Samsung Electronics (OTC:SSNLF) recently introduced a new lineup of premium tablets called the Galaxy Tab S series, as it seeks to gain high-end market share in a tablet market that has shown signs of slowing growth. The tablets will come in two screen sizes - 8.4 inches and 10.5 inches - and will retail from $399 and $499 in the United States, depending on storage capacity and wireless configurations. While the devices do look impressive, sporting an improved design and cutting edge hardware, they may not contribute very significantly to Samsung's bottom line, given the possible high manufacturing costs and the competition from Apple's iPad, which dominates the high-end of the tablet market.
Trefis has a $1,450 price estimate for Samsung Electronics, which is about in line with the current market price.
Samsung Gaining Tablet Market Share
While global tablet shipments continue to expand, the growth rate has been declining. As of Q1 2014, tablet shipments grew by just about 3.9% compared to the same period a year ago and IDC forecasts that tablet shipments for the year will rise by just about 12.1% compared to a growth rate of around 51.8% during 2013.  However, Samsung, for its part, has been gaining traction in the market, owing to its attractive promotions and a diverse product portfolio, which includes tablets at different price points and screen sizes. During Q1 2014 the company's tablet shipments grew by around 32.% to around 11.2 million units, while market leader Apple saw its shipments fall by 16% due to supply constraints and possible saturation in the high end of the market. Samsung held about 22.3% of the global tablet market as of Q1.
Going After Apple's Market Could Prove Challenging
Apple remains the undisputed market leader in the high-end of the tablet space, with around 32% share of the overall tablet market. Samsung's new launches are targeted squarely at Apple, with the 10-inch and 8-inch versions of the Tab S occupying price points similar to those of the iPad Air and iPad Mini with Retina display. The Tab S devices, which run on a version of Google's (NASDAQ:GOOG) (NASDAQ:GOOGL) Android KitKat 4.4, sport impressive hardware specifications including high-resolution Super AMOLED displays, Exynos 5 or Snapdragon 800 processors, built-in fingerprint scanners and expandable memory. Samsung also is emphasizing on the look and feel of the devices, which are thinner and lighter than Apple's competing iPad models, despite offering slightly more screen real estate. However, despite the impressive design and specifications, the tablets could face some challenges in the marketplace.
The high-end of the tablet market could grow at a slower pace compared to the lower end of the market, since premium tablets such as the iPad are more popular with customers in developed markets such as the United States, where tablet penetration is higher. Moreover, there is a lack of interest among existing tablet users to upgrade their devices frequently unlike smartphones (which are subsidy-driven), meaning that the market is likely to be approaching saturation. Additionally, Apple's domination of the high end of the market means that a large portion of users who do choose to upgrade their tablets are likely to stick to the Apple ecosystem rather than switch to Android based tablets, given the user experience and the relative cost of switching ecosystems. While Samsung has been trying to create some differentiation to its user experience by offering custom software features, such as the ability to pair the tablets to a Samsung smartphone besides offering some proprietary apps, we believe that it may not be enough to distinguish the product's software from the myriad Android-powered tablets in the market.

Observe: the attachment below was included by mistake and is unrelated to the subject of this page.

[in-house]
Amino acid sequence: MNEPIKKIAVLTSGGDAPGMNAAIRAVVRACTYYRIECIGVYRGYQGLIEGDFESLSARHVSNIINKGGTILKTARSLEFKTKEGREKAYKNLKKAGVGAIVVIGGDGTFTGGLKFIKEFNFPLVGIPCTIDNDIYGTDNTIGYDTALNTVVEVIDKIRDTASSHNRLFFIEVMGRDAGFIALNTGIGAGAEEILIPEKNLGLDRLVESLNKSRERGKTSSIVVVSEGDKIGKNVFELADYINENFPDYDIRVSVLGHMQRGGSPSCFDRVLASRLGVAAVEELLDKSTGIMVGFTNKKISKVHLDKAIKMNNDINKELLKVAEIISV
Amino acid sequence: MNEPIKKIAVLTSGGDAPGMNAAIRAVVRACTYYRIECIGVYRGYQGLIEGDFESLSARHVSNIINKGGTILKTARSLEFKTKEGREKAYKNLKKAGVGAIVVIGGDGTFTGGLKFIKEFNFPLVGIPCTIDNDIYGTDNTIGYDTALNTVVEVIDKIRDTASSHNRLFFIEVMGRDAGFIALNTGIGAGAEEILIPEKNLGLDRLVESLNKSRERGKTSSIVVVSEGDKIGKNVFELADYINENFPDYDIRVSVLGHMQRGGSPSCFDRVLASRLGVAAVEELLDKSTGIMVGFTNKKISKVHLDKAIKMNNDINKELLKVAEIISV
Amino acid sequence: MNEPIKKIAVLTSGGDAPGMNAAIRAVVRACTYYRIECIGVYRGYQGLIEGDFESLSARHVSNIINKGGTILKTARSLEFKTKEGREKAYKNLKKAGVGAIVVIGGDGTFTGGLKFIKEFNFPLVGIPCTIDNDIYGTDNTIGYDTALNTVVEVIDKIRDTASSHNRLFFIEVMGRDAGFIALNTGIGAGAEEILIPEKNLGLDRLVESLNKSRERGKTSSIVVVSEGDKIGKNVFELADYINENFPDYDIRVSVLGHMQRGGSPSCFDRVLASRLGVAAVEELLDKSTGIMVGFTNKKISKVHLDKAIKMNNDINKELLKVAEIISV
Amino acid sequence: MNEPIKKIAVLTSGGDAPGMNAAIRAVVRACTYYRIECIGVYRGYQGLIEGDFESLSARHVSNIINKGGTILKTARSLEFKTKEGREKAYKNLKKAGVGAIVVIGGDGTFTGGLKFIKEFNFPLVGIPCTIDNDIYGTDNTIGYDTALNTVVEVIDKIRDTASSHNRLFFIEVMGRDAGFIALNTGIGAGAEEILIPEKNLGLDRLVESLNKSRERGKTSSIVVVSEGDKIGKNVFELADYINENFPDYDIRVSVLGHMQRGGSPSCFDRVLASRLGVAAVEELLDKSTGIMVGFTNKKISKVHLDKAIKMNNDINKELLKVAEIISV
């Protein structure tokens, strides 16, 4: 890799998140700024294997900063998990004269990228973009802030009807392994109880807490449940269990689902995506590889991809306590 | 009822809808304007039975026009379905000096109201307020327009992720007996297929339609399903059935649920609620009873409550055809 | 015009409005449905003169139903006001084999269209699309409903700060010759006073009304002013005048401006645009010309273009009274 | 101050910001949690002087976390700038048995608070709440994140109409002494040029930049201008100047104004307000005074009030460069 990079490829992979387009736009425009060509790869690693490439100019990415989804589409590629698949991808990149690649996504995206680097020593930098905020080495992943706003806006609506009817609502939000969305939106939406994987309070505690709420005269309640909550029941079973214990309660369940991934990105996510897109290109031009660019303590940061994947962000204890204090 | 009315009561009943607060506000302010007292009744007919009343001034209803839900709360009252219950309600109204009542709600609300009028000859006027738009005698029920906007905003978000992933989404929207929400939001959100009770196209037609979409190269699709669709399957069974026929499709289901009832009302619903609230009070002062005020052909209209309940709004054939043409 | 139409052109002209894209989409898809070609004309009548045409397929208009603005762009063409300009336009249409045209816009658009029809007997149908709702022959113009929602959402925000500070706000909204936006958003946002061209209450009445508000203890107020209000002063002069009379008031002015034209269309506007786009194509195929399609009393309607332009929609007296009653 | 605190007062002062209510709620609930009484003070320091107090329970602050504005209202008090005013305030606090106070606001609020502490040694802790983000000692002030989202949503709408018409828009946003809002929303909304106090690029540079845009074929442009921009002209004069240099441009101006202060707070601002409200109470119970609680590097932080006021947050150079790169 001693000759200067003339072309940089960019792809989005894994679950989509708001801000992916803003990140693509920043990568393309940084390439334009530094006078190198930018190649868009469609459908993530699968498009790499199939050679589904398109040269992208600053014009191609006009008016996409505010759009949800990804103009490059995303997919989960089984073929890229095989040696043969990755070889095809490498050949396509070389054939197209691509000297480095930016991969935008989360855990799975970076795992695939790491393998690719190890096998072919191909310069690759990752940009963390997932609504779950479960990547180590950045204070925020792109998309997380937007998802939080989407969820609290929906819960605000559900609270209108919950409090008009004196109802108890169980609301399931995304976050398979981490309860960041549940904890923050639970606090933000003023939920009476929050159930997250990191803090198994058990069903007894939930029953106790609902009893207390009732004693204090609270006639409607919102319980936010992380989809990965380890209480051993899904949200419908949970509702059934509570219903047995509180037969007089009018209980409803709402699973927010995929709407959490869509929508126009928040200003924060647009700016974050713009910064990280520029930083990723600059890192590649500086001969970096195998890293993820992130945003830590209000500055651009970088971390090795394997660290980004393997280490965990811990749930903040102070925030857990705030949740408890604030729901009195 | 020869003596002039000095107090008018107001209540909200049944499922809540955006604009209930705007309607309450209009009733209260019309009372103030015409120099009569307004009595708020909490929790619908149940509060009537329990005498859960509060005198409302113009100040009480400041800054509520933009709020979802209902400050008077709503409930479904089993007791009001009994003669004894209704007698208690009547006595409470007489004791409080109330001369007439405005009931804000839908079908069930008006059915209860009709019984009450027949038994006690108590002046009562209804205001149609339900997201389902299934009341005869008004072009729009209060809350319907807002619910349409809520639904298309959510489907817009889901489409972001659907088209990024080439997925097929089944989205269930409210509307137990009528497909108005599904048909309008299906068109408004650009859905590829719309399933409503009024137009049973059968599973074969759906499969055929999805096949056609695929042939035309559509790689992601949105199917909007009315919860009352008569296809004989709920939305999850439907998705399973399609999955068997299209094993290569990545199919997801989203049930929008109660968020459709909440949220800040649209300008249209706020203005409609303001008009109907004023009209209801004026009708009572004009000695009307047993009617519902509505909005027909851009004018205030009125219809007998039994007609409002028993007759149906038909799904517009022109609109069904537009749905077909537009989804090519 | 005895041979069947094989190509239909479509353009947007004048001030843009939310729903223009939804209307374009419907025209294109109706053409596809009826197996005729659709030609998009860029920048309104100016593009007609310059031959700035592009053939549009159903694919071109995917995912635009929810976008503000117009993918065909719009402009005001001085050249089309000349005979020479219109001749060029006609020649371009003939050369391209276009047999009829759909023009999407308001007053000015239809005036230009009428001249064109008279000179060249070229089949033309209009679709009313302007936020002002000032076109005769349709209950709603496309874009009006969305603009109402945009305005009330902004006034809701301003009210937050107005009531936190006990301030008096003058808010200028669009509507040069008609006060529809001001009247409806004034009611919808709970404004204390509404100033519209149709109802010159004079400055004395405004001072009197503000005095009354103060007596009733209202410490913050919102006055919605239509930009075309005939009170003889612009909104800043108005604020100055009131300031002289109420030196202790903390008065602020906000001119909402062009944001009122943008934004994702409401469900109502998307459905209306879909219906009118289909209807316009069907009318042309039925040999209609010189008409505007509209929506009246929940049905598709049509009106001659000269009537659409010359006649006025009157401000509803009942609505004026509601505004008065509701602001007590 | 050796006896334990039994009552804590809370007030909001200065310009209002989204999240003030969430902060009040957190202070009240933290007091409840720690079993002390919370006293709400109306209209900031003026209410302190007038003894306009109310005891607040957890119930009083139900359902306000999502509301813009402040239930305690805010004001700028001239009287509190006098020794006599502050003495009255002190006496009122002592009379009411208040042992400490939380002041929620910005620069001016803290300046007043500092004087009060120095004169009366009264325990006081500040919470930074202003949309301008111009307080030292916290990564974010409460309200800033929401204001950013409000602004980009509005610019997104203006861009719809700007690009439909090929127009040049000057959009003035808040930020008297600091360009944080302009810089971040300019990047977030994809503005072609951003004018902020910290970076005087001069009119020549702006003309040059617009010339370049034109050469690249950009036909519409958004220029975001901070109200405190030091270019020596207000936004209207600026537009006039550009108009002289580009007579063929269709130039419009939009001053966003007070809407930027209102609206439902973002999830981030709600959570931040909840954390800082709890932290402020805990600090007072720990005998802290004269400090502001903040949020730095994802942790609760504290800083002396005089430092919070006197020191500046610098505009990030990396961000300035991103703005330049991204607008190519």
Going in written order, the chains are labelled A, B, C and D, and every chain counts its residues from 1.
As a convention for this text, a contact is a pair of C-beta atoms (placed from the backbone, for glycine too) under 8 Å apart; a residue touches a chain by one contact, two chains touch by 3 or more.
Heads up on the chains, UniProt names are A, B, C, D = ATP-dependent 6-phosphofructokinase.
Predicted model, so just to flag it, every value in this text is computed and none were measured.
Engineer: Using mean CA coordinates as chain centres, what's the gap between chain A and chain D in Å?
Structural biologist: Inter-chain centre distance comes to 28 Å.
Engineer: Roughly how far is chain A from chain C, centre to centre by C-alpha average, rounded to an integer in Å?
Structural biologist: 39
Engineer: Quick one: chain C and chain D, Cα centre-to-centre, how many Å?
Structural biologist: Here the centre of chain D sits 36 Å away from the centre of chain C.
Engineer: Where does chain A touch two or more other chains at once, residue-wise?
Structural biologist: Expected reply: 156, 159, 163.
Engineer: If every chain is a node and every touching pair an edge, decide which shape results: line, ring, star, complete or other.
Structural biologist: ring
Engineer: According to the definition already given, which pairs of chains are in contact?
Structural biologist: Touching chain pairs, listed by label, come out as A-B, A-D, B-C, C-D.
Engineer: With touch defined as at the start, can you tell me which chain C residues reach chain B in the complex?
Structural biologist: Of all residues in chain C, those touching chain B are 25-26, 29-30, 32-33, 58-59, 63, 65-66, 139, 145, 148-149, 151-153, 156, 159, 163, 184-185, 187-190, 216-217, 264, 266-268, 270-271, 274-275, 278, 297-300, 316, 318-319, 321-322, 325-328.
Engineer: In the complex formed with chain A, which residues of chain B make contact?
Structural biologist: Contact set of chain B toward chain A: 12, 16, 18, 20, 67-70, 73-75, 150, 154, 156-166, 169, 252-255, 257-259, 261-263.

High-End Specifications Could Hurt Margins
The high end of the smartphone and tablet market is all about the margins. While the Galaxy Tab S lineup beats the iPad in terms of hardware, the race to beef up specifications is likely to come at a significant cost. While the cost of the bill of materials for the Galaxy Tab S is not available yet, we can get a sense of margins by comparing the 10 inch version against Apple's 16GB Wi-Fi-only iPad Air, which retails at about $499. For example, the Galaxy Tab's most significant cost driver is likely to be its high-resolution AMOLED display, while in contrast the iPad uses a slightly smaller and lower resolution LCD based display. The new Galaxy tablets also pack in fingerprint sensors, higher RAM and higher resolution cameras compared to the iPad. Given that the iPad Air cost an estimated $275 to build (at the time of launch, excluding manufacturing costs),  it is safe to assume that the Samsung device will cost significantly more given its beefier specifications. Although Samsung could source several of the components from its own components business, we don't believe it will help to cut costs significantly. Additionally, the company's marketing and promotional costs for the device could also be significant.
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